“How’re you liking your new home?” I asked my cousin. He had recently moved to a new city, his first time out of our home state of Maharashtra.
“It’s all right, I guess,” he said, in a somewhat non-committal fashion. He looked away. The noisy bustle of the cafe rose between us.
He looked back at me. “Yeah, it’s just all right,” he repeated, softly.
I stirred my coffee. What had that reflective pause been about? Is he feeling disoriented? It would be natural, I thought, sympathetically. In India, moving from one’s own state to another was akin to moving countries, involving a new language, new customs, new spaces and mores to navigate. Culture shifted every 200 kms, so he had moved a distance the equivalent of a continent.
Was he missing his family? Was he questioning himself? I waited. Maybe the silence would encourage him to open up and share his innermost feelings.
“They don’t know how to make good poli here,” he said, in Marathi. They don’t know how to make bread.
I burst out laughing. He looked surprised, and then broke into a shy grin. I shook my head at myself. What a knack I had for over-complicating things. There was no existential angst at work here, no identity crisis, no emotional turmoil. It was a straight and simple complaint about a basic daily need. Basic, yet with the potential to make the whole day feel unsatisfying.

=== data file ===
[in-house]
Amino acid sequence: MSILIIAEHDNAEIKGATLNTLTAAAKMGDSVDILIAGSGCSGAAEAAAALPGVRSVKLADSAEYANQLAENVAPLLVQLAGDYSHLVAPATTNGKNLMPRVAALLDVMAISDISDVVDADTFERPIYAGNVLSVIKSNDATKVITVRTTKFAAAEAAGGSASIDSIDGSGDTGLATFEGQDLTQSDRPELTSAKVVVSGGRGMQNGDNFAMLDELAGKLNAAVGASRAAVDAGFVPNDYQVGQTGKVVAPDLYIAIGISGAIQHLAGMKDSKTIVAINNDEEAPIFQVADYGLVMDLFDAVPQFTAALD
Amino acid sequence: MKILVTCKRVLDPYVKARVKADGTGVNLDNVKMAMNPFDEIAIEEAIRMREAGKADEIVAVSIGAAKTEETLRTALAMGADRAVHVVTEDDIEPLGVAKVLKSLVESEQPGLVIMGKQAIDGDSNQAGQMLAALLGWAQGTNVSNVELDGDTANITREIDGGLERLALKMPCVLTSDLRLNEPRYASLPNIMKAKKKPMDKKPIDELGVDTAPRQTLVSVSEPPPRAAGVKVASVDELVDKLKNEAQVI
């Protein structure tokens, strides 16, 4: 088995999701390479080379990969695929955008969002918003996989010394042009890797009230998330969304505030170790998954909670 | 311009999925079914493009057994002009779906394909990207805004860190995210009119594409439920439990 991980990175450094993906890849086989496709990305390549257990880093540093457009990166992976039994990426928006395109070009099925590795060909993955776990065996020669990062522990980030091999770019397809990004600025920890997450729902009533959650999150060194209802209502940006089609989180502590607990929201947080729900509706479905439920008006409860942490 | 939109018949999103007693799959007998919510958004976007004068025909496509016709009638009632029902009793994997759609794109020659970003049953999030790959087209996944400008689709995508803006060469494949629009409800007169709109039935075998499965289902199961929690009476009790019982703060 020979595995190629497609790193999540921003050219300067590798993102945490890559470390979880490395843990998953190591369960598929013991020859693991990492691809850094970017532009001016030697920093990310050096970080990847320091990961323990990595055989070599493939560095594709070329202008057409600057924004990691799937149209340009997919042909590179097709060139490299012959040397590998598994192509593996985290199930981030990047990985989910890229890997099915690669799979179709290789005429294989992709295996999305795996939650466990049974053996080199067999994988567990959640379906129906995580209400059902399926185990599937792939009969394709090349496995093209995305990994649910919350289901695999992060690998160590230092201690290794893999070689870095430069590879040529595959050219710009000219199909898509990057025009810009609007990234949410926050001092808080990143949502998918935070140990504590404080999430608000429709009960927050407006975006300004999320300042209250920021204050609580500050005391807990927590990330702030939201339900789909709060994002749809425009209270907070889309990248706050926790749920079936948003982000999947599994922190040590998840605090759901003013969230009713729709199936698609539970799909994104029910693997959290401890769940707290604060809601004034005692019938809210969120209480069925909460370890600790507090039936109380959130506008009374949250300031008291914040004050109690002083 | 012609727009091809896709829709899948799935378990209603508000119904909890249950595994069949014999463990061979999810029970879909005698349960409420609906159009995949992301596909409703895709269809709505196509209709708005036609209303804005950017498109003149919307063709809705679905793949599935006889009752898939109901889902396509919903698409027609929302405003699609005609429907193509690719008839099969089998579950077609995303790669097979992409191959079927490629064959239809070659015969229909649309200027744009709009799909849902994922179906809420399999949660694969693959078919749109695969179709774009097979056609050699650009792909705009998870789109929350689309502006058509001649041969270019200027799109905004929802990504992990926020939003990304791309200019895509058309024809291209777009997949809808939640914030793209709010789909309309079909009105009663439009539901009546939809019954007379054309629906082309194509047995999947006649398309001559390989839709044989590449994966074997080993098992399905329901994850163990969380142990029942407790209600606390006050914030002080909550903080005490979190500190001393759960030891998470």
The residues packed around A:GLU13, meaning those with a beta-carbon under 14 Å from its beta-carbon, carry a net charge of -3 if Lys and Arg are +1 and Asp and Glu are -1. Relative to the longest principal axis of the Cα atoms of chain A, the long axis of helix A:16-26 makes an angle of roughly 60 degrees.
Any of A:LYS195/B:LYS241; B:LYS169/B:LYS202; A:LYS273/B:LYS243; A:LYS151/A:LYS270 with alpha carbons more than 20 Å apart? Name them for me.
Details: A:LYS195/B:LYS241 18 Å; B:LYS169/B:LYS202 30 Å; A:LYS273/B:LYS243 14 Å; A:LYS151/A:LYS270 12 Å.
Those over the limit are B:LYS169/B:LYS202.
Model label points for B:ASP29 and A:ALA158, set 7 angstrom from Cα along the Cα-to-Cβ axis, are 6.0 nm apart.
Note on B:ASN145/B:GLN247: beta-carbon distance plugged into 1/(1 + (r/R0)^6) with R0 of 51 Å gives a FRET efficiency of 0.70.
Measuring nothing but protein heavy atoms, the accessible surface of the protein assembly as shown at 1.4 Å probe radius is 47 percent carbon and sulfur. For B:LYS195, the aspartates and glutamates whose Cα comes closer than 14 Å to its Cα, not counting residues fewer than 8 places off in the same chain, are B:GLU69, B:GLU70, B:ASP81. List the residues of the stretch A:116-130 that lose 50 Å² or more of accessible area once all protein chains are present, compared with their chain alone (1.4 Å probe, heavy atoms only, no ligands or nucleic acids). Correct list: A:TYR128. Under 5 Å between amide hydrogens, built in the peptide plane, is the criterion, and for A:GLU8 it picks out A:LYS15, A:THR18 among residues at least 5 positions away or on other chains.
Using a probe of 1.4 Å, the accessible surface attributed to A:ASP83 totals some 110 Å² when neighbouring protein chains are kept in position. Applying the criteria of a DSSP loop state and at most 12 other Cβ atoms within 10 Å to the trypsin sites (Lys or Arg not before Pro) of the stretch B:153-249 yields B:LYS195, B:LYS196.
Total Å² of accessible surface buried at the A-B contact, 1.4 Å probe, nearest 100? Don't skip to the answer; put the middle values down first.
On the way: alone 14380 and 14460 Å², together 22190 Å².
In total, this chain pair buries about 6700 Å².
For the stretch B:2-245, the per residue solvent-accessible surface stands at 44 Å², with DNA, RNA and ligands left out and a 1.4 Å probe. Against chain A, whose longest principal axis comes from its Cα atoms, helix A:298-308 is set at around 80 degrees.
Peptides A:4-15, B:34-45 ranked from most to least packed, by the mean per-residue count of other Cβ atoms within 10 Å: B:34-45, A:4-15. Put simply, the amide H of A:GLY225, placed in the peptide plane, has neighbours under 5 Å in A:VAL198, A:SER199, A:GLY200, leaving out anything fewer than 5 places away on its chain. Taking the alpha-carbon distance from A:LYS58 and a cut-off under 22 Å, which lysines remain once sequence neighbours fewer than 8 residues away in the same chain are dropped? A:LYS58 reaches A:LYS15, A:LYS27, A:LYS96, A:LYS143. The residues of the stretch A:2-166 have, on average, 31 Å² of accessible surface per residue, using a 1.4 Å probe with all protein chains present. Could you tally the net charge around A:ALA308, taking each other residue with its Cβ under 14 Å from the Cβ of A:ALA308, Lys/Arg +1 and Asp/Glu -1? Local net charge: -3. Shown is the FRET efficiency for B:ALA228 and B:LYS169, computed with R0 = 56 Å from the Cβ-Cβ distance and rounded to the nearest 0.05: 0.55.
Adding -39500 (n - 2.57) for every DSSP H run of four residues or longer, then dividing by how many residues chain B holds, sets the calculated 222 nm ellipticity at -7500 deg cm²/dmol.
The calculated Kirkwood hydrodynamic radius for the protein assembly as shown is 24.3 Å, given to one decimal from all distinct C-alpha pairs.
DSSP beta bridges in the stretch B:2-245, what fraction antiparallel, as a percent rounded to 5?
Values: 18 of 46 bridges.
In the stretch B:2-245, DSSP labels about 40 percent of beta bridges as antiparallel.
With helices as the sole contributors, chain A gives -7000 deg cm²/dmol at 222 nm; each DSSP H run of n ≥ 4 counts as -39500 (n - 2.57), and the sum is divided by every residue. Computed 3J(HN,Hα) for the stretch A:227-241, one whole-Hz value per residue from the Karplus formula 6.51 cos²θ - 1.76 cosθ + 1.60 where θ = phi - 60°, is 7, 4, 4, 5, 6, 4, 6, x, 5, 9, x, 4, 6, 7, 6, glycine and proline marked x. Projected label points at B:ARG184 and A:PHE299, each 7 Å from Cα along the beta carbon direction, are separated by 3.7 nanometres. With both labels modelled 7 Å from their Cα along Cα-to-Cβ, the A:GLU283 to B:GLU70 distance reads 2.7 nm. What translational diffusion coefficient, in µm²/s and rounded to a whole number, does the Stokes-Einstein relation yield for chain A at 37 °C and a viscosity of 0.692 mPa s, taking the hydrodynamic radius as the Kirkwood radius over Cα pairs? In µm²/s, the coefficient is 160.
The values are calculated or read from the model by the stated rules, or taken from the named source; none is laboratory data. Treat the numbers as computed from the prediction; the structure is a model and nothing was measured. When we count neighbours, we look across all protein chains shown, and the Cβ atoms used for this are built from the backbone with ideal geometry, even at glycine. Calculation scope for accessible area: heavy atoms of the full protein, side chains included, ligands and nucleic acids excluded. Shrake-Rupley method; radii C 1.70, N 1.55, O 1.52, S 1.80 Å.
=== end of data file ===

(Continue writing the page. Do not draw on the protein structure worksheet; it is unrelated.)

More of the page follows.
The poli, or chapati, sits in the center of a Maharashtrian’s food plate, anchoring the rest of the meal like a queen holding court. Curries, lentils and chutneys arrange themselves around the matriarch, awaiting their turns to be scooped up and not minding if they have to intermingle if only they are chosen. If the bread isn’t the right softness, thickness, or saltiness, if it hasn’t been made in the folded manner, or it hasn’t been puffed on an open flame, the meal flops. No matter how hard the complementing dishes try to boost up their tastiness oomph, the experience is doomed. Without a center, it all falls apart.
Every Maharashtrian has their individual expectation of how a poli should taste. It stems from what one grew up eating, based on how one’s mother chose to make them. Within my own extended family, the variations of how each aunt makes poli, in her own style, can cause some of us to grit our teeth and endure in silence until one’s own mum is the appointed one to make poli for the next meal.
As I’ve grown up and become an adult, I’ve had to adjust my palate often and a lot. When I lived in the US, there were times when I became so nostalgic for this cultural bread that I pretended to eat it in the form of tortillas. Now that I’m back in India, I have a cook that makes them for me. I sometimes make it myself. None of these make-do arrangements compares to the real deal, when my mum visits and cooks for me. There is nothing comparable to the first whiff of toasty, fluffy poli emanating from the kitchen, and then it comes out, slathered with home-made ghee, and tossed on my plate, steaming hot. It is impossibly soft, tasty enough to eat on its own. It is as close to bliss as I can imagine. And my mum’s poli is so unique, I can recognize it among thousands and even if you blindfolded me.
I clucked my tongue in sympathy for my cousin. I understood his complaint. While it wasn’t an existential dilemma, it did make a difference to one’s happiness.
“Good luck finding it,” I said, sincerely. He nodded.